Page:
J.D Davis, Year One
Peterson – Meagan Cascone
Learning Objective/Exit Outcomes:
- Students will be able to distinguish different weather qualities.
- Students will be able to recreate the sounds of different weather using body percussion.
- Students will be able to define different types of bad weather.
S1E1. Obtain, evaluate, and communicate weather data to identify weather patterns.
- Represent data in tables and/or graphs to identify and describe different types of weather and the characteristics of each type.
- Ask questions to identify forms of precipitation such as rain, snow, sleet, and hailstones as either solid (ice) or liquid (water).
- Plan and carry out investigations on current weather conditions by observing, measuring with simple weather instruments (thermometer, wind vane, rain gauge), and recording weather data (temperature, precipitation, sky conditions, and weather events) in a periodic journal, on a calendar, and graphically.
- Analyze data to identify seasonal patterns of change. (Clarification statement: Examples could include temperature, rainfall/snowfall, and changes to the environment.)
ESBB(4-5).PR.2 Perform on instruments through a varied repertoire of music, alone and with others.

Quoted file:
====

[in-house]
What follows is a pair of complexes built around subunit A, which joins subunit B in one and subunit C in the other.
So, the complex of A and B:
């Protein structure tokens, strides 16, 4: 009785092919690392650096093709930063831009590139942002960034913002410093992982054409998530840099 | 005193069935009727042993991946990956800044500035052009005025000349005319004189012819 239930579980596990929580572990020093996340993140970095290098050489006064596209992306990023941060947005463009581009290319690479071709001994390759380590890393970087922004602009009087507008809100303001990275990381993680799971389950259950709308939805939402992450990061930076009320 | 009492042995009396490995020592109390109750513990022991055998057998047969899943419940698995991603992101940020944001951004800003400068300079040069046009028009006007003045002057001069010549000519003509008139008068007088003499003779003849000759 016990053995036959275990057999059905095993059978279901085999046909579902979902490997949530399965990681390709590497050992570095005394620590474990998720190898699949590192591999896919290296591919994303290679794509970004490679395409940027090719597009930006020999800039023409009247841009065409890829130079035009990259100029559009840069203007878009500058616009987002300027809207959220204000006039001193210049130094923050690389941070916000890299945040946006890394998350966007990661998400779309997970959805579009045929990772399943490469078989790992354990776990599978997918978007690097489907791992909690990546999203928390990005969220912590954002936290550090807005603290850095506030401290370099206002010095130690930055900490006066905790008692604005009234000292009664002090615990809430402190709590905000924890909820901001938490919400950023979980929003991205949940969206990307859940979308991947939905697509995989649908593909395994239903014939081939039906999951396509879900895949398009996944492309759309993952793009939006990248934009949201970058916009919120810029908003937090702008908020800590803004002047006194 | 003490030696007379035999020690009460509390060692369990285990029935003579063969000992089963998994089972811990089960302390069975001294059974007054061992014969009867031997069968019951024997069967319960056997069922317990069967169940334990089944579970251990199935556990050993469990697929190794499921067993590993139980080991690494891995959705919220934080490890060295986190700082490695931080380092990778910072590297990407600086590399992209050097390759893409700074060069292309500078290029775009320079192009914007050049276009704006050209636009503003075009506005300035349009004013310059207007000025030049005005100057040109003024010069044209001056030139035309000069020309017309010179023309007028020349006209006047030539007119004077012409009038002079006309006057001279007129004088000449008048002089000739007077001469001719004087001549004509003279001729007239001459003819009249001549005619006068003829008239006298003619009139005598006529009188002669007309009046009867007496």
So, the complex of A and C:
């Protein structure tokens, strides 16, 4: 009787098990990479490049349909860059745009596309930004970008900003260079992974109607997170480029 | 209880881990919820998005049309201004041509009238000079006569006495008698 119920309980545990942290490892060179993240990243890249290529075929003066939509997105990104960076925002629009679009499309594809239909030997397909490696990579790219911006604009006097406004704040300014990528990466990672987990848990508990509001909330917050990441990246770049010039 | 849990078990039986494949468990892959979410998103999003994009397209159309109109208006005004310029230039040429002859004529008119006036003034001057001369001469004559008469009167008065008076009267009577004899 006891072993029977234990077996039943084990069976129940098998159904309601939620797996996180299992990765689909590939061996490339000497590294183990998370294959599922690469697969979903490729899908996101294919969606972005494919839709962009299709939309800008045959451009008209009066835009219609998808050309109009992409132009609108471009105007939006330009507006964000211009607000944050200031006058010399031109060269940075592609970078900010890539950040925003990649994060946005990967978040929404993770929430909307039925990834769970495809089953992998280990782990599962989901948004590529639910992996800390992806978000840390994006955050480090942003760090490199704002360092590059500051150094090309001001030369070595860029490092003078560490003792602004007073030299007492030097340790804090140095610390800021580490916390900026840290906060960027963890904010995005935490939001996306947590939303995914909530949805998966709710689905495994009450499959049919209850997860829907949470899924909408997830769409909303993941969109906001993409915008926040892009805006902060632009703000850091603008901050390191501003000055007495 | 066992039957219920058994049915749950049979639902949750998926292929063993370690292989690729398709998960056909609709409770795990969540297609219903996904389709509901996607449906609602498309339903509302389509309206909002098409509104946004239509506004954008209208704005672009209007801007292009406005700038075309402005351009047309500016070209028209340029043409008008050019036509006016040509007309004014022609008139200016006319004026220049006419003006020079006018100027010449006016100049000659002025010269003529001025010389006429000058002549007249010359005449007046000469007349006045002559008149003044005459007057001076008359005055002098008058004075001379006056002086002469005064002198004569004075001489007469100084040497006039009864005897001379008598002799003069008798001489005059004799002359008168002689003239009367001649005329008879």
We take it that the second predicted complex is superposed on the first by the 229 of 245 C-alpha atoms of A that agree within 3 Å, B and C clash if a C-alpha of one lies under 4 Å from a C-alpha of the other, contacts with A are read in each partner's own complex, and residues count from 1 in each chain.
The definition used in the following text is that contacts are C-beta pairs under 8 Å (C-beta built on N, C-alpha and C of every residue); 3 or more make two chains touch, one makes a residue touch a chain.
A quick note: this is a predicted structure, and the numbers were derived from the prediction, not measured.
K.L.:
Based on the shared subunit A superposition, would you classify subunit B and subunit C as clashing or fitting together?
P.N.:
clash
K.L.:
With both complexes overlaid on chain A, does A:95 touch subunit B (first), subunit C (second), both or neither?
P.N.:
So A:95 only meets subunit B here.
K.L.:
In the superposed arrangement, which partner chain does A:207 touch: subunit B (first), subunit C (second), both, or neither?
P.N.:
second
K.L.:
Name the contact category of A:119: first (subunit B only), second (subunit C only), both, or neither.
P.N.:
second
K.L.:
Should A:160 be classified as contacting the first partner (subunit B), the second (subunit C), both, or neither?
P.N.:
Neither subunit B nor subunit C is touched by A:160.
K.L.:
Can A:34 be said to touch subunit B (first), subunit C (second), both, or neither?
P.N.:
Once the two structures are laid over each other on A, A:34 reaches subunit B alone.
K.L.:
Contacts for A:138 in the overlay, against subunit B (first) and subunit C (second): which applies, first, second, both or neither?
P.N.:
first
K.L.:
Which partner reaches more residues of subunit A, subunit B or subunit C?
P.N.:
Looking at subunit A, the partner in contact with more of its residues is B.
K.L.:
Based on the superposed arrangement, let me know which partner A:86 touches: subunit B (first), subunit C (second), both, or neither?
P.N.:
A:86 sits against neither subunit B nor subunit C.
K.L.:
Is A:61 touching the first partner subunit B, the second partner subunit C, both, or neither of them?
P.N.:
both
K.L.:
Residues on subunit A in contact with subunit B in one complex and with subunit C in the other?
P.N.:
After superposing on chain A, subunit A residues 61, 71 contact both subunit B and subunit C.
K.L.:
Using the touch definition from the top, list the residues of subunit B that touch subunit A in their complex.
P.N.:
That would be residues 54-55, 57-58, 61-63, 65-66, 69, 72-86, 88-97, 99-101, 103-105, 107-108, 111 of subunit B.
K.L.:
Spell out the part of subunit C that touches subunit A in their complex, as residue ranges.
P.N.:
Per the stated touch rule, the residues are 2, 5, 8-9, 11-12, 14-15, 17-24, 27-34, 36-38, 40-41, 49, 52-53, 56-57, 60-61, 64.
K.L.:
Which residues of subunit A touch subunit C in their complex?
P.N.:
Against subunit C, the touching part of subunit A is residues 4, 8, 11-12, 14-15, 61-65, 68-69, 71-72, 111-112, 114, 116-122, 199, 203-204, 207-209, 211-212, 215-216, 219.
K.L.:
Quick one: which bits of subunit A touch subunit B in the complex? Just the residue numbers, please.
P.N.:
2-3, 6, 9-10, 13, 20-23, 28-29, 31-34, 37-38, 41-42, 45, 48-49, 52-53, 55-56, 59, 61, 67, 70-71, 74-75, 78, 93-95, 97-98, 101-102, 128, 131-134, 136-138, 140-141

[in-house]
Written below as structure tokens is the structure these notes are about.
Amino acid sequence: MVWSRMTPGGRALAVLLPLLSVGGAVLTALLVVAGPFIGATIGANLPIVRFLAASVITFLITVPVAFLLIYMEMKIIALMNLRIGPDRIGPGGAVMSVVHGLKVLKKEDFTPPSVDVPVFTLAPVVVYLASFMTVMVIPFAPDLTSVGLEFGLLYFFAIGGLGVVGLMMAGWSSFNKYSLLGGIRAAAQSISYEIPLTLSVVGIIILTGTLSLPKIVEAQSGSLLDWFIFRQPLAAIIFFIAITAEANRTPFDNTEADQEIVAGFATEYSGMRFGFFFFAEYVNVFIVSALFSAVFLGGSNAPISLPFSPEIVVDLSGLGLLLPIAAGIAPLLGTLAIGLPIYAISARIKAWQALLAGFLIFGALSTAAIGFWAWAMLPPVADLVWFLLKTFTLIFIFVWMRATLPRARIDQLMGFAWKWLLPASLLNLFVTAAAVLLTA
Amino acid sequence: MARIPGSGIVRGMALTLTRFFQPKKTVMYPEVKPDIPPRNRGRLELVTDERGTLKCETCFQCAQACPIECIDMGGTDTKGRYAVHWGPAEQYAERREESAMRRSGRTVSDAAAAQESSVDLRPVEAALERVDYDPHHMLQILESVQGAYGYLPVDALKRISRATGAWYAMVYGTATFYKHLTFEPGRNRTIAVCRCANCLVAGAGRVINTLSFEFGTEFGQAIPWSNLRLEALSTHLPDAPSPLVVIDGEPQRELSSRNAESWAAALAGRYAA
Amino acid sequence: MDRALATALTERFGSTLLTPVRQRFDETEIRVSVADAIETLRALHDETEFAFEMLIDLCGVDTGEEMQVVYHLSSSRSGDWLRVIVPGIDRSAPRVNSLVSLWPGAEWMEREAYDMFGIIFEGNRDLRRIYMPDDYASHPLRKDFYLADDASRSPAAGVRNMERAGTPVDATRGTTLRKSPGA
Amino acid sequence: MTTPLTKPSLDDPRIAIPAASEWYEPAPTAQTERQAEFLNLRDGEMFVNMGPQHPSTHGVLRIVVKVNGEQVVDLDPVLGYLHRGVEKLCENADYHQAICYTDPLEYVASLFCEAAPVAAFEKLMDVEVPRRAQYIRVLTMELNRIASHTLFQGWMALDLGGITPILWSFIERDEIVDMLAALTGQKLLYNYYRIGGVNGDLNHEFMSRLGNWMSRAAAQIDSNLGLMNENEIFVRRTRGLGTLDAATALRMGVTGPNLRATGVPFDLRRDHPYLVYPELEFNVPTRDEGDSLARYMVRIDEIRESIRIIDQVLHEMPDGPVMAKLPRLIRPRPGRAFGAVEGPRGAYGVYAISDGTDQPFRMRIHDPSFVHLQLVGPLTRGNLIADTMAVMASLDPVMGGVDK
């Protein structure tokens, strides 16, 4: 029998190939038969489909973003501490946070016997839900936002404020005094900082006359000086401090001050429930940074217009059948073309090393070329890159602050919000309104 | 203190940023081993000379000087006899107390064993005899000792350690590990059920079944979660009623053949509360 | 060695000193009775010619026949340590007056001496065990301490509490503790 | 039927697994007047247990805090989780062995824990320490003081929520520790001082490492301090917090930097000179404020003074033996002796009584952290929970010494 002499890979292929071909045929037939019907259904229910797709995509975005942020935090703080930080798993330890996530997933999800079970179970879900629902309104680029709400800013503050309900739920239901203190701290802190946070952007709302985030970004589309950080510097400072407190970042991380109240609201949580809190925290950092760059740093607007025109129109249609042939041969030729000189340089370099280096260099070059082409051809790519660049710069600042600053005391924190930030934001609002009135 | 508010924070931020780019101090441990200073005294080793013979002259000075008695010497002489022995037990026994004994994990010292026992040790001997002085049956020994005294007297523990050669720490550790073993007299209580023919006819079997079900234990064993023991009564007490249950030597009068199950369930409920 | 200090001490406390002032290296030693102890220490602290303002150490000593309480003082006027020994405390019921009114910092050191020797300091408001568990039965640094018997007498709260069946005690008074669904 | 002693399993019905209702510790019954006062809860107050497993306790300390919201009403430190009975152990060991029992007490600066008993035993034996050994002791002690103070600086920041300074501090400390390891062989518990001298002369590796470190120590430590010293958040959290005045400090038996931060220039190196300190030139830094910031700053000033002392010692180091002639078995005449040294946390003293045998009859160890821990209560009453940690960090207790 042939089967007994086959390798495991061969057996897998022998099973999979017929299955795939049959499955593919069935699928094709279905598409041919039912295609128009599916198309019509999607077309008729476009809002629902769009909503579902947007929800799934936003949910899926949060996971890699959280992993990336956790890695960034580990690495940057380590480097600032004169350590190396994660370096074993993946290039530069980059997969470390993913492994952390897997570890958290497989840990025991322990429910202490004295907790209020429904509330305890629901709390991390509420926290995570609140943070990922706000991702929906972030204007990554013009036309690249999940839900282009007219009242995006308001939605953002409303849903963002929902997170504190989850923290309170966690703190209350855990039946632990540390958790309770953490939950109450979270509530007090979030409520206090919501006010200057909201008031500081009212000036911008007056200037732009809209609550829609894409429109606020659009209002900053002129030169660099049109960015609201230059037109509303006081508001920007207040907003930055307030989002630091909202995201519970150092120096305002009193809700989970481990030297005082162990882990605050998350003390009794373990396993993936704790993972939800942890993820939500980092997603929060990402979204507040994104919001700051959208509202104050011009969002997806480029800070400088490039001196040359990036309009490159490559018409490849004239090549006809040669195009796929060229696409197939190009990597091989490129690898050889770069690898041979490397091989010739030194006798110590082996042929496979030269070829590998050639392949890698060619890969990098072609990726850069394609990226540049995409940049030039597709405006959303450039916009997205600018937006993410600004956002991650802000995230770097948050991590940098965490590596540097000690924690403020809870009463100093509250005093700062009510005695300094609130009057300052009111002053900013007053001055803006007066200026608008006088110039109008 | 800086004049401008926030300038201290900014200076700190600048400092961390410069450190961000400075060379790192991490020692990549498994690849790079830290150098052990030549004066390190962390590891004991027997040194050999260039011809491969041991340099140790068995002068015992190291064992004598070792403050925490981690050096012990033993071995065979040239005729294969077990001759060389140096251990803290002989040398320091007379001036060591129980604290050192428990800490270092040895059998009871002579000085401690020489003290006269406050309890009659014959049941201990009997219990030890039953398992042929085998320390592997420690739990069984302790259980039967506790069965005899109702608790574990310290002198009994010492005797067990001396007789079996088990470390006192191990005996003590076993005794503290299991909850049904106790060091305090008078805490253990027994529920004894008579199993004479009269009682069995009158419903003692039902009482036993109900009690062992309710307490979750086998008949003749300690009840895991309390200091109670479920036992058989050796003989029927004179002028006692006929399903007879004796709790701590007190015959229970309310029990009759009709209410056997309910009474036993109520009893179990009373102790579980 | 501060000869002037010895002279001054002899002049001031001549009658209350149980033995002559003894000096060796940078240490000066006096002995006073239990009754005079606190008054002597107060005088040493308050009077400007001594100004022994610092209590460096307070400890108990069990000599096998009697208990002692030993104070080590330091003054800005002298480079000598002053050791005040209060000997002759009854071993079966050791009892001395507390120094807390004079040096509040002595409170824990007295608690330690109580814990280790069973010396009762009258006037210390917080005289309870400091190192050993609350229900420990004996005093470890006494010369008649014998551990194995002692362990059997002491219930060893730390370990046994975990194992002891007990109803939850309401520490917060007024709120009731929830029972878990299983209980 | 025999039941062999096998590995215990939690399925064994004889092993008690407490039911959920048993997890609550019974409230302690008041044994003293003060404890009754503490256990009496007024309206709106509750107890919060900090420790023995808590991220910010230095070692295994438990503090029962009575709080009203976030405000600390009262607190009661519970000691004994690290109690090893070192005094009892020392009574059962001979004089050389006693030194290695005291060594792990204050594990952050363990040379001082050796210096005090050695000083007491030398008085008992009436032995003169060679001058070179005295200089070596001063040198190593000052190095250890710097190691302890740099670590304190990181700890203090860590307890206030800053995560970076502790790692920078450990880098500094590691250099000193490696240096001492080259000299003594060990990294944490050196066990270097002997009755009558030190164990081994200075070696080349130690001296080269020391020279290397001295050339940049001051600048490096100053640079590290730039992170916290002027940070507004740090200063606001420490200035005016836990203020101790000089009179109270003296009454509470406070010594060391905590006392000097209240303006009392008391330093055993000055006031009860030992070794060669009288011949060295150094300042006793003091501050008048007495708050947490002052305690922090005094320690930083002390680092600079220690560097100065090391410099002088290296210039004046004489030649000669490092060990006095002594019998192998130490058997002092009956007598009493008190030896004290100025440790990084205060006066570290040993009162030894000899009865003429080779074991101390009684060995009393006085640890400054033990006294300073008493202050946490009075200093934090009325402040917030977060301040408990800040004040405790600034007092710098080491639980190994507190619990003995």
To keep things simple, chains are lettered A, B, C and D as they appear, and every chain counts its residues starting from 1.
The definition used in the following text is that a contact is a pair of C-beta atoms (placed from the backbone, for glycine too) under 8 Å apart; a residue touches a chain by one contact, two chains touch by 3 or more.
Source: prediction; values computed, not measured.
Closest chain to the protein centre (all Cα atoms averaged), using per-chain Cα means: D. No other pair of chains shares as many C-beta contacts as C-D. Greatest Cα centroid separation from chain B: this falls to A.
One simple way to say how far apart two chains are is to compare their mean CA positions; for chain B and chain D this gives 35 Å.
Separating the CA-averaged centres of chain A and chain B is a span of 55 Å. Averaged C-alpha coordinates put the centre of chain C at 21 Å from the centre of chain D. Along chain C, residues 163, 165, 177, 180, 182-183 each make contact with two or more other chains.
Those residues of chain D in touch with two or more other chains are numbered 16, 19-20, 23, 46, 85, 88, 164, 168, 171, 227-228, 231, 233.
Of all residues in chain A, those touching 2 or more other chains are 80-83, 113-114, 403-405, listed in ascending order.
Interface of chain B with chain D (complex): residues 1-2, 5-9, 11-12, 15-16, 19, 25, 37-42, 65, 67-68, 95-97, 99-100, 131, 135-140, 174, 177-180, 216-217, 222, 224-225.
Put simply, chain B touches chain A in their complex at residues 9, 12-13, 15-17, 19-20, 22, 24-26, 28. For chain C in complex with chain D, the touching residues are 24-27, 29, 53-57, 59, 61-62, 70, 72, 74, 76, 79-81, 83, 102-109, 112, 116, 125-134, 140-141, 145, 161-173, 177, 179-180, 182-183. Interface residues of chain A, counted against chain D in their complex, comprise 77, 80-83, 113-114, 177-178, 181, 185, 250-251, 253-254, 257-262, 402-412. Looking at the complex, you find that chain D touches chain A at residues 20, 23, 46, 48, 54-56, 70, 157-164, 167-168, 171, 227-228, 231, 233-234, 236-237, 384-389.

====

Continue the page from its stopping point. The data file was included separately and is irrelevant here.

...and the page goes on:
- Analyze characteristic tone quality utilizing playing technique (e.g. proper embouchure, playing position, posture, breathing techniques, articulation, appropriate percussion technique).
- Recognize ensemble skills through performance of musical literature (e.g. rehearsal etiquette, dynamic expression, style, blend and balance, steady tempo, rhythmic accuracy, intonation).
- Respond to the cues of the conductor with appropriate dynamics, phrasing, and interpretation.
ESBB(4-5).CR.1 Improvise, compose, and arrange music within specified guidelines. a. Improvise or compose rhythmic patterns (e.g. clapping, singing, playing an instrument).
The students remained at their desks for this activity.
The four types of body percussion we focused on during this activity were clapping, stomping, chest drumming, and hand swiping. When the PAIR specialist set up the activity, she had a discussion with the class about different music terms that could be used to describe the different percussive sounds, such as volume, tempo, rhythm, and quality.
The PAIR Specialist told the students that their teacher would be asking them questions about the weather and that instead of answering her questions with a verbal response, they would use the different types of body percussion to answer. A: hand swipes, B: chest drum, C: claps, or D: stomping. The teacher would then give the students a question with 4 multiple choice answers. This strategy is a great way to take note of students who understand the content and those who might need a little extra help without calling them out individually.
After the teacher reviewed with the class and finished all questions, the class made different sound scapes with their body percussion to represent what weather sounded like. Some of the sound scapes included heavy rain, light rain, hail, etc.
To make this art strategy a solid integrated lesson, it is important to teach music standards along with the core content such as rhythm, tempo, volume, pattern, contrast, and pitch. You might even want to add 4/4 time stamps and have students create a soundscape of heavy rain for 2 measures and light rain for 2 measures, etc.